The Stillwater River, MT

April-May 2013 040

Standing beside the crashing river, I could feel the water pound throughout my whole body, landing in my heart. Deep in the water I could hear the pow wow drums beating the song.

The far side of the river was the shallower side. Boulders of various sizes made the water dance and slide in a way that carried my troubles and fears away – far down the mountain.

The near side was deeper, for no rocks showed. Rather than dance and slide, the water took one great dip, then rose like an ocean wave. The crest boiled over into a curve facing upriver. It dared the adventurous surfer to challenge it. The water then rushed on to the next wave and the next, splashing water to the sky.

Watching the water rise into that huge wave, my stomach tickled – like riding a roller coaster…the excitement continued building and building till I had to look away just to recover.

The power of the river gives me strength. It clears my soul.

In John Denver’s song To The Wild Country he sings about Alaska, but his words ring true for every wild country and every person it touches. The chorus goes like this:

To the mountains, I can rest there.

To the rivers, I will be strong.

To the forest, I’ll find peace there.

To the wild country, where I belong.


The land has so much to give.

We must respect it. We need to care for it. We should enjoy it.

Nevertheless, it is vital that it speak to us – that it touch us.

We should not always be the subject of the sentence – the initiator of the action.

We are not complete until we have received from the land.

I came to this conclusion recently on my own, after years of being in nature and after many discussions with others who are not attuned to the wild. Then just the other day I was reading some Native American writings and was astounded at what I found.

The Arapaho have a proverb that says “All plants are our brothers and sisters. They talk to us and if we listen, we can hear them.”

The Huron say, “Listen to the voice of nature, for it holds treasures for you.”

We have much we can learn from the Native Americans (and from the wild) if we are willing.

If you are ever in southern Montana, stop and listen to the Stillwater River.

Sounds of Silence

“Silence is not the absence of something but the presence of everything…It is the presence of time, undisturbed. It can be felt within the chest. Silence nurtures our nature, our human nature, and lets us know who we are. Left with a more receptive mind and a more attuned ear, we become better listeners not only to nature but to each other. Silence can be carried like embers from a fire. Silence can be found, and silence can find you. Silence can be lost and also recovered. But silence cannot be imagined, although most people think so. To experience the soul-swelling wonder of silence, you must hear it.”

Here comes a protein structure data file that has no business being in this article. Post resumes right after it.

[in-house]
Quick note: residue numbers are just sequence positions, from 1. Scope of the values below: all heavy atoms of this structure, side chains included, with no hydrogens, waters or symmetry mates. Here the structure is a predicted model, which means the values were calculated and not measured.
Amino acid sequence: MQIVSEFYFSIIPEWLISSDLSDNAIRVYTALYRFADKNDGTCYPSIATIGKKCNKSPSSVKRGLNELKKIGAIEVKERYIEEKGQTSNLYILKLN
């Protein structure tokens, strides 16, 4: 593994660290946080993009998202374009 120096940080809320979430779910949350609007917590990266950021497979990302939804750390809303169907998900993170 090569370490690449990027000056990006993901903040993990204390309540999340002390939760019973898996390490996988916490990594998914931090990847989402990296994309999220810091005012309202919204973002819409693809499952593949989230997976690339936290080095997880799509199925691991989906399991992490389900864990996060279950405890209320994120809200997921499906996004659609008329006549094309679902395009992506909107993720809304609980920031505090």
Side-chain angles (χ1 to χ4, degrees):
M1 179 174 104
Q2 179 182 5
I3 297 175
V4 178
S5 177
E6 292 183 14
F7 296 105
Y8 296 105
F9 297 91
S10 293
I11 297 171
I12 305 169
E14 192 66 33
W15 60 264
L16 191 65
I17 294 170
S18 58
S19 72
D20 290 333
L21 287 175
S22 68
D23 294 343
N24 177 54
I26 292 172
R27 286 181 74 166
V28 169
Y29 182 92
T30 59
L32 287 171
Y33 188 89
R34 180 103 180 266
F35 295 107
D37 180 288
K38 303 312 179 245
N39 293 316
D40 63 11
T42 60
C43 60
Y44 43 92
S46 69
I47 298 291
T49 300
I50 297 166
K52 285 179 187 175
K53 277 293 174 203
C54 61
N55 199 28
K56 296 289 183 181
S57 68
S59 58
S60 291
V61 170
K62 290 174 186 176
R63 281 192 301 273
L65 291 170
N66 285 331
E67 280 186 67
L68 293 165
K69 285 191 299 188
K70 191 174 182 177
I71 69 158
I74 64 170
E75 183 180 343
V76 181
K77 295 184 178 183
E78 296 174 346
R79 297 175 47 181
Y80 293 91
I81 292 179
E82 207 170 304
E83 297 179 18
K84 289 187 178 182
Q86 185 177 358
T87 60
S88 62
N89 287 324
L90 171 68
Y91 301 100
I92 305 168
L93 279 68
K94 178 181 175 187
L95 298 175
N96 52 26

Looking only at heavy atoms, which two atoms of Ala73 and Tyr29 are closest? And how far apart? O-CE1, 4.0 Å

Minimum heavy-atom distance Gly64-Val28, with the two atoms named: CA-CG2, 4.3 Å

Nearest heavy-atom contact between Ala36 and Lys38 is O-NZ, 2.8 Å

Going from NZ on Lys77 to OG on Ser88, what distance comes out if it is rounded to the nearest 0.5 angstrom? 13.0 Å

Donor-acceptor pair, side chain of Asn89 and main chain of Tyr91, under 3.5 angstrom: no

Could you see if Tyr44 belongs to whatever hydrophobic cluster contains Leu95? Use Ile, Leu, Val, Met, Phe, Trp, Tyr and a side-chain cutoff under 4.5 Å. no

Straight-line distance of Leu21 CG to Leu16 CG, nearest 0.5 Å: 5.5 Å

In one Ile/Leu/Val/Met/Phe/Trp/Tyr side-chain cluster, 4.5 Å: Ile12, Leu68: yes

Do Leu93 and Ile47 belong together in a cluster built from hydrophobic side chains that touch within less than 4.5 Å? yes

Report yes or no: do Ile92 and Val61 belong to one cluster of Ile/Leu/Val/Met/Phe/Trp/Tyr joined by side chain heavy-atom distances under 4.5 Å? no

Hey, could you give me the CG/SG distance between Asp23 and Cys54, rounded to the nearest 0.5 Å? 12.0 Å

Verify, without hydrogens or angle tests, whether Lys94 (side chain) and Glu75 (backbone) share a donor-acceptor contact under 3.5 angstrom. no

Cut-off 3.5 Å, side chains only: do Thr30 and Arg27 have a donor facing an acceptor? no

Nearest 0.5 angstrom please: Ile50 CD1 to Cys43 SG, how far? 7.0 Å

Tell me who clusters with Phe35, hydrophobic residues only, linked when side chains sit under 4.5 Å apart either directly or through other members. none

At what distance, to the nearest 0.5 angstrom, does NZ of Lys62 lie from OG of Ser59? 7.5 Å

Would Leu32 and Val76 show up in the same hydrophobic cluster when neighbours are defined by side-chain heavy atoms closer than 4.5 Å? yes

Gordon Hempton, One Square Inch of Silence

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“The soul-swelling wonder of silence.” What an incredible phrase! I have felt it but never knew how to put it into words.

Once, long ago, I was hiking through Silver Falls State Park and I sat down for a rest and a snack. No one else was around. After finishing my snack, I paused. Then I heard it! The natural silence. The pitter-patter of chipmunk feet behind me. The soft  whoosh  of leaves high in the trees. Yes! I could feel it in my chest.

When life gets difficult, I always find myself retreating to the forest. There are other beautiful places to hike but there is a magic about the forest that touches me in a way nothing else does.


My muscles are tight with it all. My mind stuck in an endless flow of negative thoughts. My temper on edge. My patience non-exsistent.

Then I reach the forest. I look for steep trails that lead to isolated water. I hike hard and fast. I push myself, allowing only small amounts of water periodically. My lungs feel it first. The burning. Then my thighs start to ache. Sometimes there are tears. I am not ready for the silence yet. The forest is only beginning its work on me. I feel protection from the trees. I feel the firmness of the trail beneath my feet. I feel the boundlessness of the sky above me. I feel the hidden animals aware of my intrusion. I feel much that I am not consciously aware of.

When I finally reach exhaustion, I stop and look around. I can begin to see again. A thousand shades of greens and browns. The view down the valley.

I find a place for a snack and sit, replenishing my energy and soaking in the feel of the forest. I am half way there.

My hiking is now slower and my thoughts match my pace. The negetive thoughts have stopped their insistent hammering in my head.

Then I reach the water. Just the sight of it soothes me. My thoughts and emotions settle. I need to touch the water, to feel its coolness slip over my hands. Next, I find a place to sit as close to the water as possible. Another snack and I am ready for the silence. I sit and listen. The tiny lap of water on the shore of the lake. The birds crying as they circle overhead.

How long have I sat there? One, two, three hours? I refuse to take a watch hiking. A glance at the sun tells me when I need to be heading downtrail so I won’t get caught in the dark. “The soul-swelling wonder” of the silence has nurtured my human nature. It is difficult to head home, but I do. I will be patient and kind once again. But not for long. Soon I will need to return to my forest and my silence.